Answering some questions about "extended" nursing, i.e. past the age of about a year, into toddlerhood and childhood. Questions lifted from Mayim Bialik's blog, with a few of my own added.

Didn't you eventually run out of milk?

No, I had milk the whole time. My body produced it in the amount that my baby was using it, so at the end I was producing less as she was nursing less. It didn't stop producing milk entirely until a few months after she nursed for the last time.

Did s/he really need breastmilk for nutrition?

Breastmilk is pretty dang nutritious, and bolsters the immune system as well. My children certainly deserved that for as long as they desired. But "need"? This question makes me think of Frank McCourt's book Angela's Ashes, in which he details his childhood of poverty in Ireland in the 1930s. I don't remember if his mother was unable to breastfeed due to malnourishment, or if it was discouraged, but whatever the case his siblings were fed primarily tea as infants, as they couldn't afford anything else. They were sickly, but most of them survived. This says to me that the human body is pretty resilient. So, define "need". Is it only that which is necessary for survival? Then, no, my children didn't "need" it. But it sure was good for them.

If s/he’s old enough to ask for it, isn’t s/he too old to have it?

Based on what logic? It cracks me up that people take this seriously, it's so arbitrary. Besides, my children were always old enough to ask for it, from the moment they were born. There's no special relationship between nursing and the switch from non-verbal cues to verbal cues.

Wasn’t it weird having a walking talking thinking LARGE child nursing?

No. Not a bit. I found that my perceptions of what constitutes appropriate mothering and childhood behavior changed when I was actually inside of it. I would have never had ideas to the contrary if I'd grown up in the kind of culture in which natural (non-managed and non-shamed) breastfeeding is the norm. But as it was, all it took for years of artificial conditioning to be undone was that I allow my human body to do exactly what it was designed to do.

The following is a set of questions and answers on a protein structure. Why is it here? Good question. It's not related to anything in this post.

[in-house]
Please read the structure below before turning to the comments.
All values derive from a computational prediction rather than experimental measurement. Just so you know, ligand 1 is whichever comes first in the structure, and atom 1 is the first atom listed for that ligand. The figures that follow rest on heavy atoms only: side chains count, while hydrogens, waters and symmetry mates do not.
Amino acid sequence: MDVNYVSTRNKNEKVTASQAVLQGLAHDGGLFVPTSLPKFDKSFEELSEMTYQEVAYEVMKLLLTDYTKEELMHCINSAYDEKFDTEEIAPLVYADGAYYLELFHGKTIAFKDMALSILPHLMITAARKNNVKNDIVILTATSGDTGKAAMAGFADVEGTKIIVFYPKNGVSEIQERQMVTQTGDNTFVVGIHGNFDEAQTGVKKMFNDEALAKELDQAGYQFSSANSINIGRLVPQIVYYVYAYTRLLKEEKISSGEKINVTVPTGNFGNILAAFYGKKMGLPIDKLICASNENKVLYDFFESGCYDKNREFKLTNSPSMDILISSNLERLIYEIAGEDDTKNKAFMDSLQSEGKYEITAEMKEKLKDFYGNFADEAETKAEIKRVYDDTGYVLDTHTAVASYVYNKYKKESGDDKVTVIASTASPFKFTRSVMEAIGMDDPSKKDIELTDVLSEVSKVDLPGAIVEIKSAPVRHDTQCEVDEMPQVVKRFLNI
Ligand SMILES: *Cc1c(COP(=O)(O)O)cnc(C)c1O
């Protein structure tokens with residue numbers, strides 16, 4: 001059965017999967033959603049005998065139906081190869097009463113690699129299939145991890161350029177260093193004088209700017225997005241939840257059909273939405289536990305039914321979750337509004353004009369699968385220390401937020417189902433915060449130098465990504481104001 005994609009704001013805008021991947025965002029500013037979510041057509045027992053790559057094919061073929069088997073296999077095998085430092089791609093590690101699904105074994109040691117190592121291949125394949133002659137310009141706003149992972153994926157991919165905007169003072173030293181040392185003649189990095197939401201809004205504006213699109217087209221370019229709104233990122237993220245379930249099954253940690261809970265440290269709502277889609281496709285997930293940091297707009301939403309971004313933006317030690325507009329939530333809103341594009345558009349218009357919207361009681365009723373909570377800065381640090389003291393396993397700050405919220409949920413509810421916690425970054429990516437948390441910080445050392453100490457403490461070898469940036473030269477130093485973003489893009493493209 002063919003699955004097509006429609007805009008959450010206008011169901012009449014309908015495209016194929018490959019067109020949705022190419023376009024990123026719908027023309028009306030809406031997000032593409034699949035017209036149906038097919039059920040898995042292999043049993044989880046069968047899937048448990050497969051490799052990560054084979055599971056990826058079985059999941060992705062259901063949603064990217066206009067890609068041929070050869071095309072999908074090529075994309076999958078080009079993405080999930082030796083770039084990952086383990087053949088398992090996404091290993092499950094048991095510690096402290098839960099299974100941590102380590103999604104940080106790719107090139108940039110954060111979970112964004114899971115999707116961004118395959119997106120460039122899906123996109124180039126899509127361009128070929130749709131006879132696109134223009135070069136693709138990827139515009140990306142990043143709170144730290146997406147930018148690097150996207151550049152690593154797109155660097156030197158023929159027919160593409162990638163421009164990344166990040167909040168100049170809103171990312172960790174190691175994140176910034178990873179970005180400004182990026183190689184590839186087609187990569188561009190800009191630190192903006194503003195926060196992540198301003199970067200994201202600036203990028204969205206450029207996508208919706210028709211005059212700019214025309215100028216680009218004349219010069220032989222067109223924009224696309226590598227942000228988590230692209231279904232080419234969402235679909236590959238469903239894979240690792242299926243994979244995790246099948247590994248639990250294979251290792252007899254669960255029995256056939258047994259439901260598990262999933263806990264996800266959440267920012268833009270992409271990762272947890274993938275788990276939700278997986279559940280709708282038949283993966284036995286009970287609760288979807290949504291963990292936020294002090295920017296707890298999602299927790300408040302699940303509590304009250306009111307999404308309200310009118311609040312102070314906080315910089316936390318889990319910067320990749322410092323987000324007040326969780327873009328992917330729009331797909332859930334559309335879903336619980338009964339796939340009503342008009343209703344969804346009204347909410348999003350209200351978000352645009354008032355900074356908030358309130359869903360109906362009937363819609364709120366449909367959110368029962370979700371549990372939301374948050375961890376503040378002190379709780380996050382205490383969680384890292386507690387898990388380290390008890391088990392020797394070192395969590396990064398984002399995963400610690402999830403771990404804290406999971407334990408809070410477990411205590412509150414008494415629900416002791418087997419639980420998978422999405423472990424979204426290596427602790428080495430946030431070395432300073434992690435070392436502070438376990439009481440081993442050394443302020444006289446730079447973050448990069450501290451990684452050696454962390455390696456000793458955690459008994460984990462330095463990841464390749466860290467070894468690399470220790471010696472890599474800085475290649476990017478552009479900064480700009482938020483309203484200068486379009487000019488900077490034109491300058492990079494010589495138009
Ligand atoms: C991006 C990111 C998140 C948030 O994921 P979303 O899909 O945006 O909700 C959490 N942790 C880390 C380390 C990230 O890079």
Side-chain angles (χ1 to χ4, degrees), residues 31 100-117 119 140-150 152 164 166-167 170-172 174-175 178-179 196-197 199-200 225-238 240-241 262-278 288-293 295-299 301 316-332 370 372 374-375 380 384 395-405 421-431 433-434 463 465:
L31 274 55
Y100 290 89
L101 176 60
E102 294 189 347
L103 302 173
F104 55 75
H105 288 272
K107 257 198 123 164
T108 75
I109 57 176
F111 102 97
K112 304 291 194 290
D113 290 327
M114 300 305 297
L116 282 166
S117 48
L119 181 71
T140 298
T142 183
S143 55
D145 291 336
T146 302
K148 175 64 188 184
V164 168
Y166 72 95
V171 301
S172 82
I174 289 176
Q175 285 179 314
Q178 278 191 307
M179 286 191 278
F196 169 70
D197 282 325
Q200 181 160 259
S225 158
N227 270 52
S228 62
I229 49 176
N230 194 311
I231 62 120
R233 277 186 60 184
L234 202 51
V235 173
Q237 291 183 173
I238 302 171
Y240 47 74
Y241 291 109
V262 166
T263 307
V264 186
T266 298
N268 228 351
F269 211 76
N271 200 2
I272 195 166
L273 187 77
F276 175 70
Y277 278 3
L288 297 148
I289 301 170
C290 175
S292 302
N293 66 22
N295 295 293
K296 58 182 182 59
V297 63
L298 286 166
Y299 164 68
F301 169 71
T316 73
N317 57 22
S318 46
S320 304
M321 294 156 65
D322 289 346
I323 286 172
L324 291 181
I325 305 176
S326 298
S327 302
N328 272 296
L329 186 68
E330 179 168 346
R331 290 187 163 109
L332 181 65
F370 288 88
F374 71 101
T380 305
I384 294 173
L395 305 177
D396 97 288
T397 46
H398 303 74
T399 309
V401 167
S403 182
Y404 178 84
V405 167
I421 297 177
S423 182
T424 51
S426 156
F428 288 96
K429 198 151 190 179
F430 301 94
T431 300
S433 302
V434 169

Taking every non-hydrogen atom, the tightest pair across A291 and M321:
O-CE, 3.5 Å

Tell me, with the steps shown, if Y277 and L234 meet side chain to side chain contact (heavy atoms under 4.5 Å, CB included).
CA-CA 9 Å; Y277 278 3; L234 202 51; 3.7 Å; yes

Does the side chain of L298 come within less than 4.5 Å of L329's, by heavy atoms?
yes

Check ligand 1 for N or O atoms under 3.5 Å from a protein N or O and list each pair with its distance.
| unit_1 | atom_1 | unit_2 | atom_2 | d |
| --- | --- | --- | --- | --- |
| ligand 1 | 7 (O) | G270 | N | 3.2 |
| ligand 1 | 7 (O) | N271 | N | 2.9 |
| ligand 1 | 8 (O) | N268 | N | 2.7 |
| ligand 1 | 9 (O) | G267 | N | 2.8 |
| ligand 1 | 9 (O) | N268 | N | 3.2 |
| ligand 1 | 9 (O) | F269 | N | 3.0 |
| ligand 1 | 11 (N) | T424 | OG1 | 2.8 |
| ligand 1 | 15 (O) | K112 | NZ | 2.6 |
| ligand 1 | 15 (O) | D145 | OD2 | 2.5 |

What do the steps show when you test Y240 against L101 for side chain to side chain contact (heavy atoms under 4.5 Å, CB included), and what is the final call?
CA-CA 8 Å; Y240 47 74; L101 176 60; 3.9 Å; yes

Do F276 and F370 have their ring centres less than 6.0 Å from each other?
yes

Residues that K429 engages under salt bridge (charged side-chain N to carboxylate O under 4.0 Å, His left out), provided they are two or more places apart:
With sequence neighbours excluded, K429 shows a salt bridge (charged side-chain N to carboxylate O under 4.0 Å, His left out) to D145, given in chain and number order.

Did you place any limits on this?

Yes. Past about the age of 2.5 or so we didn't nurse in public. Not because I thought there was a problem with it, but because other people definitely did and I didn't want to risk a visit from Child Protective Services. If there was a great need for it, I would take her to a quiet corner and turn away, shielding her with my body. Most times it was easy enough to agree to wait until we got home.

But you didn’t nurse her/him at night, did you???

I sure did. Children make it known that they have a need for physical closeness at night so we slept together, and babies do best nutritionally when they nurse during the night. As they got older the night nursing sessions naturally became less frequent, as their bodies' metabolisms changed and they began eating other foods during the day. Babies nurse for comfort as well, of course, so I tried not to wake them unnecessarily during the night. I snore (allergies!) so we made use of white noise and made the sleeping arrangements as spacious as possible.

At the time that they began to have the ability to reason and to understand me as a separate being with needs of my own, I started talking to them about how I would like more sleep and how it would be nicest for me if we could just snuggle back to sleep and nurse in the morning. I'd pat them on the back and murmur comfortingly and sometimes sing quietly. If not nursing was upsetting, we'd nurse. In that way we night-weaned in a gentle way over time. (Not that it was entirely without ramification. Ideally I'd have had the emotional and physical energy to not feel the need to night-wean at all.)

Didn't this make them spoiled?

Oh, what nonsense. Love, kindness, comfort, and a sense of security are the best things a parent can give a child. It's meanness and intentional deprivation (lack of a generous, loving spirit) that spoils people.

What did your husband think?